Who Invented the Rocket?
Although the Chinese are credited with having invented the rocket as early as the 3rd Century AD, it was not until the 20th Century that it began to take on its modern form. For that, we can thank a Russian mathematician, an American professor, and an Austro-Hungarian physicist.
Who Invented the Rocket? Konstantin Tsiolkovsky, Robert Goddard, Hermann Oberth
In 1903, Konstantin Tsiolkovsky published a seminal work, The Exploration of Cosmic Space by Means of Reaction Devices. In the volume, he calculated the speed required to send an object into a minimal orbit around the Earth. He also described how this feat could be achieved using a multi-stage rocket fueled with liquid oxygen and liquid hydrogen.
Tsiolkovsky worked out many of the details associated with rocketry and space travel. He conceived of fuel pump systems, space stations, rockets with steering thrusters, airlocks for spacewalks, optimal trajectories for returning spacecraft, and close-loop life support systems.
However, Tsiolkovsky was a theorist who was ahead of his time. The practical work of putting his theories into practice was done by others. One of them was an American professor named Robert Goddard, who proved adept at both the theoretical and practical sides of rocketry.
Goddard invented the first modern rocket. On the cold day of March 16, 1926, Goddard launched a liquid-fueled rocket for the first time in Auburn, Massachusetts. The rocket, which he named Nell, rose to an altitude of 41 feet in 2.5 seconds before crashing into a cabbage field.
Over the 15 years that followed, Goddard and his team launched a total of 34 rockets, reaching speeds of 550 miles per hour and altitudes of 1.6 miles. Goddard also developed three-axis control, gyroscopes, and steerable thrust systems to control rockets in flight. He secured 214 patents, including designs for multi-stage and liquid-fuel rockets. In 1919, Goddard published a book, A Method of Reaching Extreme Altitudes, which became a classic text in rocketry.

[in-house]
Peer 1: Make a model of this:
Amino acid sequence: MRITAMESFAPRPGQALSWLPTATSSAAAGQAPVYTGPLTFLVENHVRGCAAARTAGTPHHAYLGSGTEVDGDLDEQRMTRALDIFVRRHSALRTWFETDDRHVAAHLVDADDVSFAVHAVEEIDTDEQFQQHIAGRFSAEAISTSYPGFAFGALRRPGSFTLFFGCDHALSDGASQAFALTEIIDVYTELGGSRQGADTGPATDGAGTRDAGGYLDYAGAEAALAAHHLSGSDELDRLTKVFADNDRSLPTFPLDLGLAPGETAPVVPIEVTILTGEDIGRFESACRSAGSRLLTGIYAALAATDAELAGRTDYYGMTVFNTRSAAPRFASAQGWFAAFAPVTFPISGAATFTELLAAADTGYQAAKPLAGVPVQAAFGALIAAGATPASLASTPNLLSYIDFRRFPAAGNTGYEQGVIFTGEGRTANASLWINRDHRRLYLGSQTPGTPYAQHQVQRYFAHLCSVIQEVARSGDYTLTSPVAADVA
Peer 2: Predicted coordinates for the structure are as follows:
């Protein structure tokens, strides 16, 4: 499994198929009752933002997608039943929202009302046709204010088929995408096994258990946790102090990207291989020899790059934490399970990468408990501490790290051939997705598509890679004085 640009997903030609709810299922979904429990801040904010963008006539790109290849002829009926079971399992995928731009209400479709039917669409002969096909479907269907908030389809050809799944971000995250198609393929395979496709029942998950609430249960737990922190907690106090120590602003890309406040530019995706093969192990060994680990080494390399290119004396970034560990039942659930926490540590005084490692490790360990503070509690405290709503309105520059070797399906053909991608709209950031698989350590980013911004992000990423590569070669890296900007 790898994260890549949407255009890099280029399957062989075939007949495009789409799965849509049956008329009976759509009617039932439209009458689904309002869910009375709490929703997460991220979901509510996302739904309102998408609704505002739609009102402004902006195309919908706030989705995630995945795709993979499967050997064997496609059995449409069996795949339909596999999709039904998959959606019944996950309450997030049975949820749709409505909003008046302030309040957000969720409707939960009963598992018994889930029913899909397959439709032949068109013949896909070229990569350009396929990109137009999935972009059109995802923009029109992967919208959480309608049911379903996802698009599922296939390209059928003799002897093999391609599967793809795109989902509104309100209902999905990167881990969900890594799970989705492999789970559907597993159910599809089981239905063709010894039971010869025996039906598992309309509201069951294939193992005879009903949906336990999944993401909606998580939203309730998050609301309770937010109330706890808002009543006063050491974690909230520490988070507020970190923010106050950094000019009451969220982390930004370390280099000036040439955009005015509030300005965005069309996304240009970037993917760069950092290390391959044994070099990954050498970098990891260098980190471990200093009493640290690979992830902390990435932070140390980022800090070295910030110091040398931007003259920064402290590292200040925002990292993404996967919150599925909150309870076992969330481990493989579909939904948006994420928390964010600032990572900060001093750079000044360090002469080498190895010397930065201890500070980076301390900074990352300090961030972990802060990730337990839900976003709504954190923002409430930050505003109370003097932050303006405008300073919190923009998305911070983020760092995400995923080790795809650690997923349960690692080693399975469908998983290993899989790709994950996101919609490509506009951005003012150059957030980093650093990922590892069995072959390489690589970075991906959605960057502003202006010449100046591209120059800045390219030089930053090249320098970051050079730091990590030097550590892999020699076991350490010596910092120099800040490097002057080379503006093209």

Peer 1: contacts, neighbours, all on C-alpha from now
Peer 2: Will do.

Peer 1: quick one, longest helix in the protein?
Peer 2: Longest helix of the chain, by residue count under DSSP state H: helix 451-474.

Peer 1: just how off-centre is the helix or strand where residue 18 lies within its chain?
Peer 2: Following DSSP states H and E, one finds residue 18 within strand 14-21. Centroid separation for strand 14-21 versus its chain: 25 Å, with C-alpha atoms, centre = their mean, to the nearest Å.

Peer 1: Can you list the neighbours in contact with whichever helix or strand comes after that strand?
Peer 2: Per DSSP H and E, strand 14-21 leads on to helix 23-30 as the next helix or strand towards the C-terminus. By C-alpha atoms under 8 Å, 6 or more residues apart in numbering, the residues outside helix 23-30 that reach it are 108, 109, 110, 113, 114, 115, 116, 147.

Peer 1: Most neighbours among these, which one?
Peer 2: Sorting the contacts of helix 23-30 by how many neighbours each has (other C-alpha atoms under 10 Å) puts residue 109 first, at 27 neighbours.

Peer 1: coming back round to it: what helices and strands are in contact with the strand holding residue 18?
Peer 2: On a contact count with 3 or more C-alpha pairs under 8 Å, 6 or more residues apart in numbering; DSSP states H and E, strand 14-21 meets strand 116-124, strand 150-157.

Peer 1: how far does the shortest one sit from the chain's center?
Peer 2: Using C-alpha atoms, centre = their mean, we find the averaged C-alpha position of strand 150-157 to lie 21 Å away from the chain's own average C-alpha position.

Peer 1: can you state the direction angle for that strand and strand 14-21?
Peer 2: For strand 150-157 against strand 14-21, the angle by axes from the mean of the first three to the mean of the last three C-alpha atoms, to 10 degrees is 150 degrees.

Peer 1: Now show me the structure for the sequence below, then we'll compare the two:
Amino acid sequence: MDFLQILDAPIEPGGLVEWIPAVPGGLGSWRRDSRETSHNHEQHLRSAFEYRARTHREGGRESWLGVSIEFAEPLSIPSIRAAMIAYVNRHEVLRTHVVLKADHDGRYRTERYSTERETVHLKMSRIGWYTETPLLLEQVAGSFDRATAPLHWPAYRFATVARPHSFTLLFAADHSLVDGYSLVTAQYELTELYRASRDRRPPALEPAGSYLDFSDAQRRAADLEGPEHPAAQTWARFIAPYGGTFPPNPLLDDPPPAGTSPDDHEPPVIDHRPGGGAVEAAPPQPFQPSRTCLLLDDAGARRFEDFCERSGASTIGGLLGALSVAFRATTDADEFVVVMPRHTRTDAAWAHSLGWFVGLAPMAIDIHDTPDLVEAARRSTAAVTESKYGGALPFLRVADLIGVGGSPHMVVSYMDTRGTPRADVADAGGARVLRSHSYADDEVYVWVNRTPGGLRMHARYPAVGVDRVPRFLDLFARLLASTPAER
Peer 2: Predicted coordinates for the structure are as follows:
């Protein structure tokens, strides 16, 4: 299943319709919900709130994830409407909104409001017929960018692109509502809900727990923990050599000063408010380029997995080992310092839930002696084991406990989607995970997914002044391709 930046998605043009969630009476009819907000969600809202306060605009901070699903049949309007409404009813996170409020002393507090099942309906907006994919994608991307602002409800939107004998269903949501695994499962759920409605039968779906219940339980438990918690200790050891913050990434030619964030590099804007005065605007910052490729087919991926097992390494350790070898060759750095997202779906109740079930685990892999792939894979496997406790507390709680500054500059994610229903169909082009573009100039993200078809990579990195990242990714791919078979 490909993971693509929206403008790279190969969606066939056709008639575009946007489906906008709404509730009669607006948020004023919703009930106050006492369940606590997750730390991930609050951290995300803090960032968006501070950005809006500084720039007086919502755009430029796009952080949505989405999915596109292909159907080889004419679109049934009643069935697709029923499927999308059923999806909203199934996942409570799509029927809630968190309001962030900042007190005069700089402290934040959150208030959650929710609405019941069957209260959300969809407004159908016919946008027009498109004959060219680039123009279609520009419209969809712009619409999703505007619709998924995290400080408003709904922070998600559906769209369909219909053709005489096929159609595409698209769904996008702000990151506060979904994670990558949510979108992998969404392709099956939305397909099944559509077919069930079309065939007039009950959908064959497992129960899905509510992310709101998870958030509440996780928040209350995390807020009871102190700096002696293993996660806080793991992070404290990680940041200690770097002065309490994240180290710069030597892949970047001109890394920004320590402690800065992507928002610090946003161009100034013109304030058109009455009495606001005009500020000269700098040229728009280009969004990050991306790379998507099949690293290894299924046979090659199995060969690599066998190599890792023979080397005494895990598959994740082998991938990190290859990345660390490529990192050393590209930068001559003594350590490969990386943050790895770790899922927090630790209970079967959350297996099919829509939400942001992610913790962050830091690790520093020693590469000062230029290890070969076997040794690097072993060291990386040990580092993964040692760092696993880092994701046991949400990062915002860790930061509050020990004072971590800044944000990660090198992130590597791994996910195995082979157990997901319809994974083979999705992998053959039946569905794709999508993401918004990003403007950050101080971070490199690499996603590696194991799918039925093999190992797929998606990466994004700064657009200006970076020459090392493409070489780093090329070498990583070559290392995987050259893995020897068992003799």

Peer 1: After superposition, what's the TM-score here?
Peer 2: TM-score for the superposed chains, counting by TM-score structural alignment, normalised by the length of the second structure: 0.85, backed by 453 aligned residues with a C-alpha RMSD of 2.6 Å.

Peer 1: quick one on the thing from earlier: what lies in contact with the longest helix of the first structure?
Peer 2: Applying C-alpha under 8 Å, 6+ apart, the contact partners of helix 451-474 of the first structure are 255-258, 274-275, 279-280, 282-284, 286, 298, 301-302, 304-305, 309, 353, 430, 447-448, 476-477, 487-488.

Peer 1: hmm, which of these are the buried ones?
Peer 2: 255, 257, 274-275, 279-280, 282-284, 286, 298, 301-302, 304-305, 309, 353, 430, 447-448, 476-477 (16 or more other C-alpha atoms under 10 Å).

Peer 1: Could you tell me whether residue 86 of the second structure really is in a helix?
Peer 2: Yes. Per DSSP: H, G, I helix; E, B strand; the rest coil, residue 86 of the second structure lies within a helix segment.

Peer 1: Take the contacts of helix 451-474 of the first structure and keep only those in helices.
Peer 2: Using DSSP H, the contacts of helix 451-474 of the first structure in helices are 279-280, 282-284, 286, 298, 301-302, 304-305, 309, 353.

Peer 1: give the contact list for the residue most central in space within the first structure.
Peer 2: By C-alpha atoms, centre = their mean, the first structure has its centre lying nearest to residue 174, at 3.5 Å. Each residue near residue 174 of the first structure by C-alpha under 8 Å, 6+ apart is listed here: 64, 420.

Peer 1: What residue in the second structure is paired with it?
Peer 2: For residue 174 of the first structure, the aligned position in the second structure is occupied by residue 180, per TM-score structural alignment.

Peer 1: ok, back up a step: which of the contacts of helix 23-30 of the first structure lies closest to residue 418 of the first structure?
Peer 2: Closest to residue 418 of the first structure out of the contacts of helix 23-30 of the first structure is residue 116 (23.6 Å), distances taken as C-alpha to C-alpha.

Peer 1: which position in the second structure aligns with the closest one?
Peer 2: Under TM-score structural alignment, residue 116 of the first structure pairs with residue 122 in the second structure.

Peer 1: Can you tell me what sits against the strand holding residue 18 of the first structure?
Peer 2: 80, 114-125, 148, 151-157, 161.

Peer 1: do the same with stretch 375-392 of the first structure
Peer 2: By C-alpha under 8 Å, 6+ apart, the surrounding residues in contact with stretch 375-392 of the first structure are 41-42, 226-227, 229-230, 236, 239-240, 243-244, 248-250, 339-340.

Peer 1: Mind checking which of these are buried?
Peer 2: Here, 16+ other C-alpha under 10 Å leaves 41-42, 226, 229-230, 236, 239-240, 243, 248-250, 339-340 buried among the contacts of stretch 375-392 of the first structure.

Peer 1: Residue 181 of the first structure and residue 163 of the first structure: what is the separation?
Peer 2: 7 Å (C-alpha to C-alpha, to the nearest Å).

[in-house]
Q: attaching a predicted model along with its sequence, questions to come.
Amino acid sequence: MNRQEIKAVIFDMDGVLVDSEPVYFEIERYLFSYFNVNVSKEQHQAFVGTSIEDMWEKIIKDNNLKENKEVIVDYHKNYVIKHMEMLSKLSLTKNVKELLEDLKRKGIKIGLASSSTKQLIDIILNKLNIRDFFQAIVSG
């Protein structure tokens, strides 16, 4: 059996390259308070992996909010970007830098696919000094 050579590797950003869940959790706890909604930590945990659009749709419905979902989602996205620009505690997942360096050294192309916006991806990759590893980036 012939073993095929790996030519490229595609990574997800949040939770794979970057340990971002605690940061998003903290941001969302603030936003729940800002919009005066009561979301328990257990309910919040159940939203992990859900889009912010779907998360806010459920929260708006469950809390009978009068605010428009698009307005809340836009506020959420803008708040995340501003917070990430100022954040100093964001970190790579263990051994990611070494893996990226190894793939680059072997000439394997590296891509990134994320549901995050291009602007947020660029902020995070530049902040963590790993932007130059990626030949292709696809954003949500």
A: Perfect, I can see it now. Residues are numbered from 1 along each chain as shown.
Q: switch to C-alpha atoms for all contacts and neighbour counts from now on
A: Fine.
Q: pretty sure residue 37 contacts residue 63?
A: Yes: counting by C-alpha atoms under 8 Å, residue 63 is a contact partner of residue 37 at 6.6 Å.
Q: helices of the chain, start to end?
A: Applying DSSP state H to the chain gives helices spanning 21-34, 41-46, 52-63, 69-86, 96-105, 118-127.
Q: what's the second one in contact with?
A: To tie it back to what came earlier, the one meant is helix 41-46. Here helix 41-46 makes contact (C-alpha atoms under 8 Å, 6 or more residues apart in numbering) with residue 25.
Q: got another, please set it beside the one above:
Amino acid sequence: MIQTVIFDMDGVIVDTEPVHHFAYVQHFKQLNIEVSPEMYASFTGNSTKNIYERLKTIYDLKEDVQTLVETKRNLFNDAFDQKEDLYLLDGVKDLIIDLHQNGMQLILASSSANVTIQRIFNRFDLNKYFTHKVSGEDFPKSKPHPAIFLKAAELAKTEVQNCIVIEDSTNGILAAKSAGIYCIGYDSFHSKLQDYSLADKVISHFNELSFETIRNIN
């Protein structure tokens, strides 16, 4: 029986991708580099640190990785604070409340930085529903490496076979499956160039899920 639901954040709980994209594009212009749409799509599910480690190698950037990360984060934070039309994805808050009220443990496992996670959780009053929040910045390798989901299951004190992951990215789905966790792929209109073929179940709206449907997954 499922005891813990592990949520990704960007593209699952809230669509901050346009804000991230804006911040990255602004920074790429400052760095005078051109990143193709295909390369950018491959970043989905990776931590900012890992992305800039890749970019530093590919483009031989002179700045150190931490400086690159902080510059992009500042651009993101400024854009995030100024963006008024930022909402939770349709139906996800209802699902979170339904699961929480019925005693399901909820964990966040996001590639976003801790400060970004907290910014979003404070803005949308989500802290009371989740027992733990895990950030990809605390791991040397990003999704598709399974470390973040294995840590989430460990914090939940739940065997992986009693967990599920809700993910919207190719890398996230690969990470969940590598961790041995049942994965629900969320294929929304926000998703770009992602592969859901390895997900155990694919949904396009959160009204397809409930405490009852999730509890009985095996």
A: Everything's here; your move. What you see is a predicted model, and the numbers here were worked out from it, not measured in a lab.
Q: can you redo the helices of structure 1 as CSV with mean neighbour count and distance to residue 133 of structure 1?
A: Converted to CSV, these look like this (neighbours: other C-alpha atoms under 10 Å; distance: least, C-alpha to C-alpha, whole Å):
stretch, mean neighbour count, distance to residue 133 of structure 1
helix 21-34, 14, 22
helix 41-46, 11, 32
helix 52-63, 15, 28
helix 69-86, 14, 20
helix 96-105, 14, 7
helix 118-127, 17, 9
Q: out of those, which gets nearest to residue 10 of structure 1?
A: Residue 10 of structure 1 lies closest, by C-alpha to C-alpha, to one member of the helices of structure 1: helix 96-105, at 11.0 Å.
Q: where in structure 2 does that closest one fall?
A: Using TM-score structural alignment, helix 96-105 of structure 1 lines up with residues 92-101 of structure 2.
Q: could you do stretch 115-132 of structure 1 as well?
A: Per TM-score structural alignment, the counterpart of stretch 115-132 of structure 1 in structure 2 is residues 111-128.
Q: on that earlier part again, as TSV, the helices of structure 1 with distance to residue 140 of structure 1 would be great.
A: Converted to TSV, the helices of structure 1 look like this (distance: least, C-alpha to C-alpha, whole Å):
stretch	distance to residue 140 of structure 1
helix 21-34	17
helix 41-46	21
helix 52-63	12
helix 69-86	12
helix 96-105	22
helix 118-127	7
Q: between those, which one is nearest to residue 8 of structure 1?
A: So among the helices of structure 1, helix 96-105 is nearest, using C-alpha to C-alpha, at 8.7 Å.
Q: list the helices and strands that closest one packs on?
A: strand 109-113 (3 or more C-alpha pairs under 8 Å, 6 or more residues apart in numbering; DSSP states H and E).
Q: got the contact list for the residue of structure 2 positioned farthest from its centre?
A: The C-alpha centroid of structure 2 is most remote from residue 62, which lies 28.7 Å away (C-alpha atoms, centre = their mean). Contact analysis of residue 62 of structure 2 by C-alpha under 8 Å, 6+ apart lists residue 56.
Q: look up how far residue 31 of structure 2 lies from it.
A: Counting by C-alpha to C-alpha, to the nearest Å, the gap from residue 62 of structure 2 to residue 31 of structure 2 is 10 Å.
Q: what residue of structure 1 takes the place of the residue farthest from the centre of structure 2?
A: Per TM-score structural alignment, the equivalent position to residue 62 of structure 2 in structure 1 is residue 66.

Stung by the press for criticism of his pioneering work, Goddard became very private in his later years. Thus, he didn’t get nearly as much credit for his achievements during his lifetime. Only years after he died in 1945 was Goddard recognized as one of the fathers of modern rocketry.
During the same period that Goddard was launching his rockets, an Austro-Hungarian physicist named Hermann Oberth was becoming a well-known rocket expert in Europe. In 1923, he published an influential book, By Rocket into Interplanetary Space, laying out how rockets could fly in space. Six years later, he expanded upon that text with a sequel, Ways to Spaceflight.
In 1928, a copy of By Rocket into Interplanetary Space found its way into the hands of a 16-year-old Prussian aristocrat named Wernher von Braun. The young student had always been interested in space, and here was a practical guide on how to get there.
Oberth would become a mentor to von Braun. Both became active members in the Society for Space Travel, an amateur group that conducted rocket launches outside of Berlin in the early 1930s. The society later folded, and von Braun would go on to lead the German Army rocket team that launched the first ballistic missile, the V-2, in 1942. By that time, Oberth was working for von Braun, his former student.
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